I don’t have any words for what happened in Orlando. I’m too tired: by grief, by shock, by fear.
John Donne’s famous No man is an island quotation, and his Never send to know for whom the bell tolls, come from his Devotions upon Emergent Occasions, written during his recovery from a serious illness. I offer a selection here, which has often comforted and uplifted me.
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There is a story of a Bell in a Monastery which, when any of the house was sicke to death, rung alwaies voluntarily, and they knew the inevitablenesse of the danger by that. It rung once, when no man was sick; but the next day one of the house fell from the steeple, and died, and the Bell held the reputation of a Prophet still. … How many men that stand at an execution, if they would aske, for what dies that man, should heare their owne faults condemned, and see themselves executed, by Atturney? We scarce heare of any man preferred, but wee thinke of our selves, that wee might very well have beene that Man; Why might not I have beene that Man, that is carried to his grave now? Could I fit my selfe, to stand, or sit in any mans place, and not to lie in any mans grave? I may lacke much of the good parts of the meanest, but I lacke nothing of the mortality of the weakest … Perchance hee for whom this Bell tolls, may be so ill, as that he knowes not it tolls for him; And perchance I may thinke my selfe so much better than I am, as that they who are about mee, and see my state, may have caused it to toll for mee, and I know not that.
The Church is Catholike, universall, so are all her Actions; All that she does, belongs to all. When she baptizes a child, that action concernes mee; for that child is thereby connected to that Head which is my Head too, and engraffed into that body, whereof I am a member. And when she buries a Man, that action concernes me: All mankinde is of one Author, and is one volume; when one Man dies, one Chapter is not torne out of the booke, but translated into a better language; and every Chapter must be so translated; God emploies several translators; some peeces are translated by age, some by sicknesse, some by warre, some by justice; but Gods hand is in every translation; and his hand shall binde up all our scattered leaves again, for that Librarie where every booke shall lie open to one another: As therefore the Bell that rings to a Sermon, calls not upon the Preacher onely, but upon the Congregation to come; so this Bell calls us all: but how much more mee, whom am brought so neere the doore by this sicknesse. … If we understand aright the dignitie of this Bell that tolls for our evening prayer, wee would be glad to make it ours, by rising early, in that application, that it might bee ours, as wel as his, whose indeed it is. The Bell doth toll for him that thinkes it doth; and though it intermit againe, yet from that minute that that occasion wrought upon him, hee is united to God. Who casts not up his Eye to the Sunne when it rises? but who takes off his Eye from a Comet when that breakes out? Who bends not his eare to any bell, which upon any occasion rings? but who can remove it from that bell, which is passing a peece of himself out of this world? No man is an Iland, intire of it selfe; every man is a peece of the Continent, a part of the maine; if a Clod bee washed away by the Sea, Europe is the lesse, as well as if a Promontorie were, as well as if a Mannor of thy friends or of thine owne were; any mans death diminishes me, because I am involved in Mankinde; And therefore never send to know for whom the bell tolls; It tolls for thee.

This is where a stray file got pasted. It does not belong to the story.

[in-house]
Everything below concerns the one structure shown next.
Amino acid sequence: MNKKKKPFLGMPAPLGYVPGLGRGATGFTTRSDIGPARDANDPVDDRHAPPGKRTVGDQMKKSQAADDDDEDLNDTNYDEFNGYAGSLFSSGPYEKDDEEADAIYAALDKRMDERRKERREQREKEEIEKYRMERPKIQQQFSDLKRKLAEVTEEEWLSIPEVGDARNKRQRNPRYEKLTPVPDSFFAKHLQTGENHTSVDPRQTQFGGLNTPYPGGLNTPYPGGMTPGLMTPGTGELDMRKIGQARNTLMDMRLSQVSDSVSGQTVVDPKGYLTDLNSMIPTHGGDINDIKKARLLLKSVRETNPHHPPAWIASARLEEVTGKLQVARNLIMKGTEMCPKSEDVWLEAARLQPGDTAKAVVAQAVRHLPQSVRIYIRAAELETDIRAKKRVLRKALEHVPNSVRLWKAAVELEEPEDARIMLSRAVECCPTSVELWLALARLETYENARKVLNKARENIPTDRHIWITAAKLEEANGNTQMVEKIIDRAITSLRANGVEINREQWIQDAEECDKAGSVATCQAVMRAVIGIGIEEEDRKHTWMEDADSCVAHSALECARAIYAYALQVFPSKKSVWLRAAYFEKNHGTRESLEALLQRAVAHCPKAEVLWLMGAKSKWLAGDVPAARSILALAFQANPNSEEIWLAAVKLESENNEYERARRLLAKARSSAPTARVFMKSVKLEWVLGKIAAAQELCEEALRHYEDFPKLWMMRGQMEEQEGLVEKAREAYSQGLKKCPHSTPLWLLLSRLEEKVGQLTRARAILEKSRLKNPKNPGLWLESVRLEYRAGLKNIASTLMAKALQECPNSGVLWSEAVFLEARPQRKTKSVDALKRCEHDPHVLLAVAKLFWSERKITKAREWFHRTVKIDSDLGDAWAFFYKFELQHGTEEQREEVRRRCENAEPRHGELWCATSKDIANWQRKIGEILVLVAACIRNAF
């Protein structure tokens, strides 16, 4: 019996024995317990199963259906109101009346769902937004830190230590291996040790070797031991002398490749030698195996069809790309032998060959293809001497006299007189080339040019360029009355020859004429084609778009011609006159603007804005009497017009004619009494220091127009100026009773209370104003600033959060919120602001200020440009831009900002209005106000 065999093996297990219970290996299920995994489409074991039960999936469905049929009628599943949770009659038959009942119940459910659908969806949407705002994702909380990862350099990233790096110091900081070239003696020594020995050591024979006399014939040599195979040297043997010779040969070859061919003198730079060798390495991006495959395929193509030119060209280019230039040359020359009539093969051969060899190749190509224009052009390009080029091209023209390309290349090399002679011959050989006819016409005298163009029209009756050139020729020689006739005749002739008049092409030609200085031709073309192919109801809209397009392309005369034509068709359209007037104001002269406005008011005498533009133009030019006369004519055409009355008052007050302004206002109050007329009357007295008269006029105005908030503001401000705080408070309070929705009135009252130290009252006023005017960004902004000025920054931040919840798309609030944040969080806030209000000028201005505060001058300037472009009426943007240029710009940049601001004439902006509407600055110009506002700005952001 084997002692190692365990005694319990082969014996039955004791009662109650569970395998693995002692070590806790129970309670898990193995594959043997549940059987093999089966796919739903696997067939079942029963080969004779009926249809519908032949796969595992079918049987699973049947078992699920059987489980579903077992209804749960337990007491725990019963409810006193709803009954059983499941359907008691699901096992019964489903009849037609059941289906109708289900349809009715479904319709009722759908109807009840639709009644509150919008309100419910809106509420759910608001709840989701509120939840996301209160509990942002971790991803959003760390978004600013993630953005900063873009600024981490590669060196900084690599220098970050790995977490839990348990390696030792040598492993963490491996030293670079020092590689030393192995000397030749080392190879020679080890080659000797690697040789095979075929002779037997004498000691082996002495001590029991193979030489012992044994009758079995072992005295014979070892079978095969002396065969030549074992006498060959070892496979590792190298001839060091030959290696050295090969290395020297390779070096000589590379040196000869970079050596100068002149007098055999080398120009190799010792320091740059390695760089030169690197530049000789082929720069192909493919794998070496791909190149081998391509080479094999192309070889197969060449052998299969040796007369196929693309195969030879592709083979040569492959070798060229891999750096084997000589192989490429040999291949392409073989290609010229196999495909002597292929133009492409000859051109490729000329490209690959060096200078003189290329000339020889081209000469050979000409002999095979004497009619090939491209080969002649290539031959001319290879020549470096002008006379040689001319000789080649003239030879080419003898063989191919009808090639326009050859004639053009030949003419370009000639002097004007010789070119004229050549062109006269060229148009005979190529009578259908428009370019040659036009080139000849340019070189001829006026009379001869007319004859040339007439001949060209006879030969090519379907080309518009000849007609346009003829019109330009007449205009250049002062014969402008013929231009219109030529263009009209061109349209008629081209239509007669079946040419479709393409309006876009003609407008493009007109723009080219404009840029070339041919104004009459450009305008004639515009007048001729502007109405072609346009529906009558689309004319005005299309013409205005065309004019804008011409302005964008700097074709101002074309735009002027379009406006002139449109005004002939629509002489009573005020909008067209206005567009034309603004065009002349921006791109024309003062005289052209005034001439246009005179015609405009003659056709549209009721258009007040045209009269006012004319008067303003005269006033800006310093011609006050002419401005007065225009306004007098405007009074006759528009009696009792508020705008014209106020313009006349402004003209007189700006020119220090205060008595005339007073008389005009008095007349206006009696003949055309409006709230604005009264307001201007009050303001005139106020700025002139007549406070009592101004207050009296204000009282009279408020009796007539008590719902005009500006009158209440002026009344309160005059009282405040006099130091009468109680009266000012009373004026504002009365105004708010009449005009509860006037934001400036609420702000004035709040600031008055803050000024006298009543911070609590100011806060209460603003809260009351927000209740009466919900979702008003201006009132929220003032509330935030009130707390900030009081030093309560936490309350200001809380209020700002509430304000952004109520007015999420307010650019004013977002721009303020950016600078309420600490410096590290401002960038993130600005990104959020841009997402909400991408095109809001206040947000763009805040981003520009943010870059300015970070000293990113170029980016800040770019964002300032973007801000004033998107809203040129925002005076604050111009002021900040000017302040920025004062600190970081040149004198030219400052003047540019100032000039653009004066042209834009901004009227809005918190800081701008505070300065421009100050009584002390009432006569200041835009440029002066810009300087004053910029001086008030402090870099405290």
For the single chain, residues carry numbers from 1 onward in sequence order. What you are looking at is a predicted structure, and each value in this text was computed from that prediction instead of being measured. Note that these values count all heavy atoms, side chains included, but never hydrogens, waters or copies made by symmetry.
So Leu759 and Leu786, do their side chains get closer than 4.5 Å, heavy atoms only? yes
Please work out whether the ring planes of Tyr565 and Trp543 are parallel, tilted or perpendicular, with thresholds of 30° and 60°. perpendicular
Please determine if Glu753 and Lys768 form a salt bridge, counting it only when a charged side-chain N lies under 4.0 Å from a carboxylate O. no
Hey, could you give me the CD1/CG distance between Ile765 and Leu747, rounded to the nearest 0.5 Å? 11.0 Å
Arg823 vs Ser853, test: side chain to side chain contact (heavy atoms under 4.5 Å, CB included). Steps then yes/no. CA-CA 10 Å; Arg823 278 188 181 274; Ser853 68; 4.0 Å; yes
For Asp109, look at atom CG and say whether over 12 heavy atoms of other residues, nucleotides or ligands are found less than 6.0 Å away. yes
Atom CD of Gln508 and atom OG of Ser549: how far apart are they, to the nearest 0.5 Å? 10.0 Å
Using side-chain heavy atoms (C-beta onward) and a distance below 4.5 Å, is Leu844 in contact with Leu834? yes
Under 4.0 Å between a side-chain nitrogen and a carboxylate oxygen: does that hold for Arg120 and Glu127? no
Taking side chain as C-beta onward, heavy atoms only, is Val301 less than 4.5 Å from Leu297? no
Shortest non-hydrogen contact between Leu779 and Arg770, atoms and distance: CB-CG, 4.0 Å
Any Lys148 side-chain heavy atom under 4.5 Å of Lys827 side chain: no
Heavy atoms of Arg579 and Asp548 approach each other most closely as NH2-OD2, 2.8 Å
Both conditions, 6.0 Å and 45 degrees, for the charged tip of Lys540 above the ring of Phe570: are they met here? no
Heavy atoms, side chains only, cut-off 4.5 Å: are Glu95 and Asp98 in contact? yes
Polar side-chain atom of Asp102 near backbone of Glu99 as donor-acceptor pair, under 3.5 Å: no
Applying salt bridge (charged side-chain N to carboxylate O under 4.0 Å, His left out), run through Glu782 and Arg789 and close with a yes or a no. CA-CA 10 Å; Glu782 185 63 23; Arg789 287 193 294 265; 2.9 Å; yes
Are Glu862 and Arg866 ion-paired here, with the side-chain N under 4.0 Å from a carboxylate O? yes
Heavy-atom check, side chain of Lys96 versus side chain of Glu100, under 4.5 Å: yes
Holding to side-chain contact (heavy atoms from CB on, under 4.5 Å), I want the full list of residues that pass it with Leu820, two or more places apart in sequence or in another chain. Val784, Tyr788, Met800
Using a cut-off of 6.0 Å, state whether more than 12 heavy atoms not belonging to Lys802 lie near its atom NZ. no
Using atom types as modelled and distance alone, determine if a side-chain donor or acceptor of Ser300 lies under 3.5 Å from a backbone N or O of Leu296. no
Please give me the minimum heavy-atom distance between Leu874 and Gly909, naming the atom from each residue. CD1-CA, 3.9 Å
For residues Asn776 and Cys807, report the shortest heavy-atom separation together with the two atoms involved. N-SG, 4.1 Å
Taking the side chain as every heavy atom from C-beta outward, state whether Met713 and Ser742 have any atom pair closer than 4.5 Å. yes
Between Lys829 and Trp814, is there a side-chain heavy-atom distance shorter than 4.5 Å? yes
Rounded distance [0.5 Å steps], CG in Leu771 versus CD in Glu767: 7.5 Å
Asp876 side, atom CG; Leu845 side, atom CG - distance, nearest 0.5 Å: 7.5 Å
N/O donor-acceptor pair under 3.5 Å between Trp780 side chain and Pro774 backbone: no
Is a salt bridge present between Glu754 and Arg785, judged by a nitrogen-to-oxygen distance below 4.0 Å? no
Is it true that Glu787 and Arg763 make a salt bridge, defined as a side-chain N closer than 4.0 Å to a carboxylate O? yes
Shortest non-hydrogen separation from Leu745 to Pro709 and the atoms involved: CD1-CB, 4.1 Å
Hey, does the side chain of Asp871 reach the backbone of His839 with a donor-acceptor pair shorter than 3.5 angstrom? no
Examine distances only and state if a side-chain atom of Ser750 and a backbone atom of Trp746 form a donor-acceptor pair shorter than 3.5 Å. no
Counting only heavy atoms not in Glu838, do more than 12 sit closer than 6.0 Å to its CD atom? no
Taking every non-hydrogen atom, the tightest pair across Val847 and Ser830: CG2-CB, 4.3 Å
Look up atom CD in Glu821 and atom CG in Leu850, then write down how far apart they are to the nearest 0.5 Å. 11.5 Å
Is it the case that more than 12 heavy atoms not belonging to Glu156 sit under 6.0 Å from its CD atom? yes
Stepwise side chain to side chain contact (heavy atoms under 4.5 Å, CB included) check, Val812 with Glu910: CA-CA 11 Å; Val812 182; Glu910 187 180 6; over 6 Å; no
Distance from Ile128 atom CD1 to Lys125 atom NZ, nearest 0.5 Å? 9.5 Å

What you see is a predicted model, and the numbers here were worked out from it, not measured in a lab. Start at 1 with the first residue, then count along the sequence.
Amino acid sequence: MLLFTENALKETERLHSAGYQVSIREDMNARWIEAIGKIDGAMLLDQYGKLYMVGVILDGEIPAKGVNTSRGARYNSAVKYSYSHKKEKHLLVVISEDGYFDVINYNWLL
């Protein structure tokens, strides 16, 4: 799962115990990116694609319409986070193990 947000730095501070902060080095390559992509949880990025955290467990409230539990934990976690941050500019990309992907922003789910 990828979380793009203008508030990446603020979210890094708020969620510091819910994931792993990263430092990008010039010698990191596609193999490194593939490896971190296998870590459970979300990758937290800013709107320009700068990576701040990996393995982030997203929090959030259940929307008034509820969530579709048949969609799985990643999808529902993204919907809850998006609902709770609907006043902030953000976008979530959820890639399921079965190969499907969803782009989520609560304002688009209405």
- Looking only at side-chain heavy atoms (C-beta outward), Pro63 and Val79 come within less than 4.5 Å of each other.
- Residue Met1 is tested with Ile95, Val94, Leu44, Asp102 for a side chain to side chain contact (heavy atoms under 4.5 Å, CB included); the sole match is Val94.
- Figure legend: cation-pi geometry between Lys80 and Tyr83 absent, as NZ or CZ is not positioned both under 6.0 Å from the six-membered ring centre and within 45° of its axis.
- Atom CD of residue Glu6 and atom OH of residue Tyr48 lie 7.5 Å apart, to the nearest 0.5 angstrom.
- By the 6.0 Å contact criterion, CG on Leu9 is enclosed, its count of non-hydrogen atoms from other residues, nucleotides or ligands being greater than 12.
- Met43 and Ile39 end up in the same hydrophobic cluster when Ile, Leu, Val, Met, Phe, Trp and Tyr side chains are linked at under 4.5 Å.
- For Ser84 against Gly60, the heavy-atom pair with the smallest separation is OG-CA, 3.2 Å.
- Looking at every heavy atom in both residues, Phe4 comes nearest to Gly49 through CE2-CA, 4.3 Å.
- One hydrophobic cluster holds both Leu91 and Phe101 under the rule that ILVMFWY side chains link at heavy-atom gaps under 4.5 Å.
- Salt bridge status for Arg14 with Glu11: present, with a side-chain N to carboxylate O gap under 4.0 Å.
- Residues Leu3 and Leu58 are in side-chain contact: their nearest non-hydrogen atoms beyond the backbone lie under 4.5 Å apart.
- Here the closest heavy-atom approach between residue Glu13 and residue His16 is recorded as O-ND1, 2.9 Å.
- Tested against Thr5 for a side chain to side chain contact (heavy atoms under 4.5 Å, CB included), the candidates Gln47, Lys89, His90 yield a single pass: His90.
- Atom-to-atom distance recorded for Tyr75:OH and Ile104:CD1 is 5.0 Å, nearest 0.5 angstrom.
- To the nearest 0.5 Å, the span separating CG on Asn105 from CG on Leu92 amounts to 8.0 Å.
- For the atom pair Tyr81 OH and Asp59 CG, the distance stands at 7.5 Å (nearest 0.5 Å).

Neither can we call this a begging of Miserie or a borrowing of Miserie, as though we were not miserable enough of our selves, but must fetch in more from the next house, in taking upon us the Miserie of our Neighbours. Truly it were an excusable covetousness if wee did; for affliction is a treasure, and scarce hath any man enough of it. No man hath affliction enough that is not matured, and ripened by it, and made fit for God by that affliction. If a man carry treasure in bullion, or in a wedge of gold, and have none coined into currant Monies, his treasure will not defray him as he travells. Tribulation is Treasure in the nature of it, but it is not currant money in the use of it, except wee get nearer and nearer our home, Heaven, by it. Another man may be sicke too, and sick to death, and this affliction may lie in his bowels, as gold in a Mine, and be of no use to him; but this bell, that tells me of his affliction, digs out, and applies that gold to mee; if by this consideration of anothers danger, I take mine owne into contemplation, and so secure my selfe, by making my recourse to my God, who is our onely securitie.
At inde The Bell rings out, and tells
Mortuus es, Sonitu celeri, me in him, that I am dead.
… This soule, this Bell tells me, is gone out; Whither? Who shall tell mee that? I know not who it is; much less what he was; The condition of the man, and the course of his life, which should tell mee whither hee is gone, I know not. I was not there in his sicknesse, nor at his death; I saw not his way, nor his end, nor can aske them, who did, thereby to conclude, or argue, whither he is gone. But yet I have one neerer mee than all these; mine owne Charity; I aske that; and that tels me, He is gone to everlasting rest, and joy, and glory: I owe him a good opinion; it is but thankfull charity in mee, because I received benefit and instruction from him when his Bell told: and I, being made the fitter to pray, by that disposition, wherein I was assisted by his occasion, did pray for him; and I pray not without faith; so I doe charitably, so I do faithfully beleeve, that that soule is gone to everlasting rest, and joy, and glory.1
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1From Meditations XVI-XVIII. The spelling and italics are original, but the paragraph breaks are mine, for ease of reading.